Assisi, Christ, Church of San Damiano, compassionate love, God, holiness, imitation, intention, love, motivation, prayer, simple life, St. Clare, St. Francis of Assisi, The Sophia Center for Spirituality, vessels
Some years ago I had the privilege of visiting the town of Assisi in Italy. The visit was brief and the focus was, as one might think, the holy places associated with St. Francis. It was an extraordinary six hours, and I often long to return for a longer visit. One of my most vivid memories, however, was not of the places and stories of Francis alone – although those remain as well – but of walking down the path to the Church of San Damiano. Somehow, the olive trees that lined the path seemed to shimmer in the sunlight as if they were saying to me, “Pay attention, for this place you are approaching is extraordinarily holy.” San Damiano became the home of St. Clare and her followers in 1212 and she never left but died there on August 11, 1253. The intense holiness of the saint and her Sisters, who lived a poor and very simple life of prayer, can be felt in the walls of the refectory, in the oratory where they prayed and the dormitory where a cross marks the spot of Clare’s death. What, one wonders, creates such a living vibration in a place where life was so “daily?” Intention and motivation, I suspect. A famous quote of St. Clare gives a hint of an answer.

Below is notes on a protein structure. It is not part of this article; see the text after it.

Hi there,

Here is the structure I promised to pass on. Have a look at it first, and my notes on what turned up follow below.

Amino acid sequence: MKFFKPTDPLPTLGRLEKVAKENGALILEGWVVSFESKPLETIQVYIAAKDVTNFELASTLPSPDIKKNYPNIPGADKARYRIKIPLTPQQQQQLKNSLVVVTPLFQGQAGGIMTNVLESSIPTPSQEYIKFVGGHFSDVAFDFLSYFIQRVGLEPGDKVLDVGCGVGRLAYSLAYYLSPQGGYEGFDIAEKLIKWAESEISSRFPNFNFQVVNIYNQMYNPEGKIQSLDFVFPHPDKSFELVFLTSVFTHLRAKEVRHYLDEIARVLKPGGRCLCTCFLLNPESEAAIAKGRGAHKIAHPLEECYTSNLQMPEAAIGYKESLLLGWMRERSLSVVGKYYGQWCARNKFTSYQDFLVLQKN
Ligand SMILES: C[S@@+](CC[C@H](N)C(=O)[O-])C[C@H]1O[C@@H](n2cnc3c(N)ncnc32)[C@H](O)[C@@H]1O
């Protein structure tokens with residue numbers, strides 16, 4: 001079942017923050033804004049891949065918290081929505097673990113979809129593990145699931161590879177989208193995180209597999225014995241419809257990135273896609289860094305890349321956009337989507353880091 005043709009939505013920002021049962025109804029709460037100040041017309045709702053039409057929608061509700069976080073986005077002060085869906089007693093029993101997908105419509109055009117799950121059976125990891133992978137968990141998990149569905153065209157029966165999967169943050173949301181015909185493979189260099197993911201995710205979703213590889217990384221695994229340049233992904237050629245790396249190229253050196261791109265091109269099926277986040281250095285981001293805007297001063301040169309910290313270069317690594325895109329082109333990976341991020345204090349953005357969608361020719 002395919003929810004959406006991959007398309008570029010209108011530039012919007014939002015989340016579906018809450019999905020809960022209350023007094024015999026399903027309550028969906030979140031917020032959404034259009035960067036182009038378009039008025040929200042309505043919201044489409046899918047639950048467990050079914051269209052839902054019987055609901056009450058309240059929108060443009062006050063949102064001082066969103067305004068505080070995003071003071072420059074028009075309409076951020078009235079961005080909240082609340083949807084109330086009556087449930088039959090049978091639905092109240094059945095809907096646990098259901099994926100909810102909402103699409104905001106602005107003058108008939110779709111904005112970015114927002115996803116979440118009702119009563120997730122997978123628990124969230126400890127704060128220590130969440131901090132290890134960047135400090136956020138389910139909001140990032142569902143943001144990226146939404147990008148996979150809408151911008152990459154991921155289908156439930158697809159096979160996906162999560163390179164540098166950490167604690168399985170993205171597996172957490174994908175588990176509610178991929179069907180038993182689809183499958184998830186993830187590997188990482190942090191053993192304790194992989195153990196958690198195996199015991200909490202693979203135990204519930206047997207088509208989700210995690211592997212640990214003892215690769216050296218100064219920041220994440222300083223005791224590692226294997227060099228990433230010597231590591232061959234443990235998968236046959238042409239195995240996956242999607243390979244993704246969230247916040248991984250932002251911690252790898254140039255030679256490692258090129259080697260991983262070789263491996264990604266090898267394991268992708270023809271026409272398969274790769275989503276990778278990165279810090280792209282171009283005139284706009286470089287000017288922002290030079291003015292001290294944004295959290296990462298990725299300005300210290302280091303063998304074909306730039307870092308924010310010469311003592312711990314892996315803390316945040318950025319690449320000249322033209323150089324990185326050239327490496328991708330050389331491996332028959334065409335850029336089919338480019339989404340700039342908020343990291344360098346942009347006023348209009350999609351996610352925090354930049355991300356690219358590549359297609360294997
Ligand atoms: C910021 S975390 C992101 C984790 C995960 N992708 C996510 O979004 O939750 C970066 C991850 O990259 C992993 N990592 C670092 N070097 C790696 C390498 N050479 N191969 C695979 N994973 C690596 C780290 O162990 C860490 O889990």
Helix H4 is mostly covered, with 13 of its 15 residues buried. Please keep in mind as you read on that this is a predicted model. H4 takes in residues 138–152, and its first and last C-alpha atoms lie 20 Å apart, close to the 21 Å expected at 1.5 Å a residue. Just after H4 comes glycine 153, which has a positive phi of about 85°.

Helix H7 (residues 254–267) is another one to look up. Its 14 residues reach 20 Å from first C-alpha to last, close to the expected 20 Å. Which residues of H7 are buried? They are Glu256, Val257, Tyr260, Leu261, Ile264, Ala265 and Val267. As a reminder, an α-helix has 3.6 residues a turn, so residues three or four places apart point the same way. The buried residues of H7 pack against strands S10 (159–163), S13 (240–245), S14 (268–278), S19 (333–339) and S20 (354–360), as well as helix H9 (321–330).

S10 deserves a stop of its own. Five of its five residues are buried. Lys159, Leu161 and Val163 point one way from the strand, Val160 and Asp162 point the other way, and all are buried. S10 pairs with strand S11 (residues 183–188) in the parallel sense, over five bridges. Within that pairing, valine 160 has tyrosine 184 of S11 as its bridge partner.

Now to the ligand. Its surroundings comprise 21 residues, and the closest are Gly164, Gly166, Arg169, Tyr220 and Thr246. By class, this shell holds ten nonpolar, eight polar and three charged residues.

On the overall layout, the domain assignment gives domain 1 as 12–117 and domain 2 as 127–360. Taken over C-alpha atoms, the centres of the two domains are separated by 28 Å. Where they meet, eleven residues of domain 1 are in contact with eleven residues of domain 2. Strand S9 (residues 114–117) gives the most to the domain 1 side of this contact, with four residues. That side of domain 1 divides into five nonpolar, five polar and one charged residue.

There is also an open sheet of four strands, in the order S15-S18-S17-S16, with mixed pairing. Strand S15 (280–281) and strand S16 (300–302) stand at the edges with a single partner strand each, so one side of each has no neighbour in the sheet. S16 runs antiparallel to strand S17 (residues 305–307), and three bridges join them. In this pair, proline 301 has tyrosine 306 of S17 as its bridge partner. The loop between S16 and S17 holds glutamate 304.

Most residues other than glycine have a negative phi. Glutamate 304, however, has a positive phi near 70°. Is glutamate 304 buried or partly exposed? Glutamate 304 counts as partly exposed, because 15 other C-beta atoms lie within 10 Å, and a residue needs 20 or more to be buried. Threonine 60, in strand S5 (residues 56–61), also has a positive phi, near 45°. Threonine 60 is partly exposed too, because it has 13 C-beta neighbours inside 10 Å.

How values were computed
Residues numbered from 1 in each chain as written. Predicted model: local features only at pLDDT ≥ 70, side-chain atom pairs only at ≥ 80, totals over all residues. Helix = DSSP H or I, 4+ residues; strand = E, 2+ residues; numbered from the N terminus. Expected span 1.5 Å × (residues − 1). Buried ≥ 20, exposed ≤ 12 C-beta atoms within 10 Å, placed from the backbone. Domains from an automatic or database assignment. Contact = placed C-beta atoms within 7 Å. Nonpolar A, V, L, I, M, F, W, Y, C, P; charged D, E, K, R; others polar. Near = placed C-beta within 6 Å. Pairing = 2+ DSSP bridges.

We become what we love, she says, and what we love shapes what we become. If we love things, we become a thing. If we love nothing, we become nothing. Imitation is not a literal mimicking of Christ, rather it means becoming the image of the beloved, an image disclosed through transformation. This means we are to become vessels of God’s compassionate love for others.
Jean Downing said:
On Fri, Aug 11, 2017 at 7:06 AM, The Sophia Center for Spirituality wrote:
> thesophiacenterforspirituality posted: “Some years ago I had the privilege > of visiting the town of Assisi in Italy. The visit was brief and the focus > was, as one might think, the holy places associated with St. Francis. It > was an extraordinary six hours, and I often long to return for a longer ” >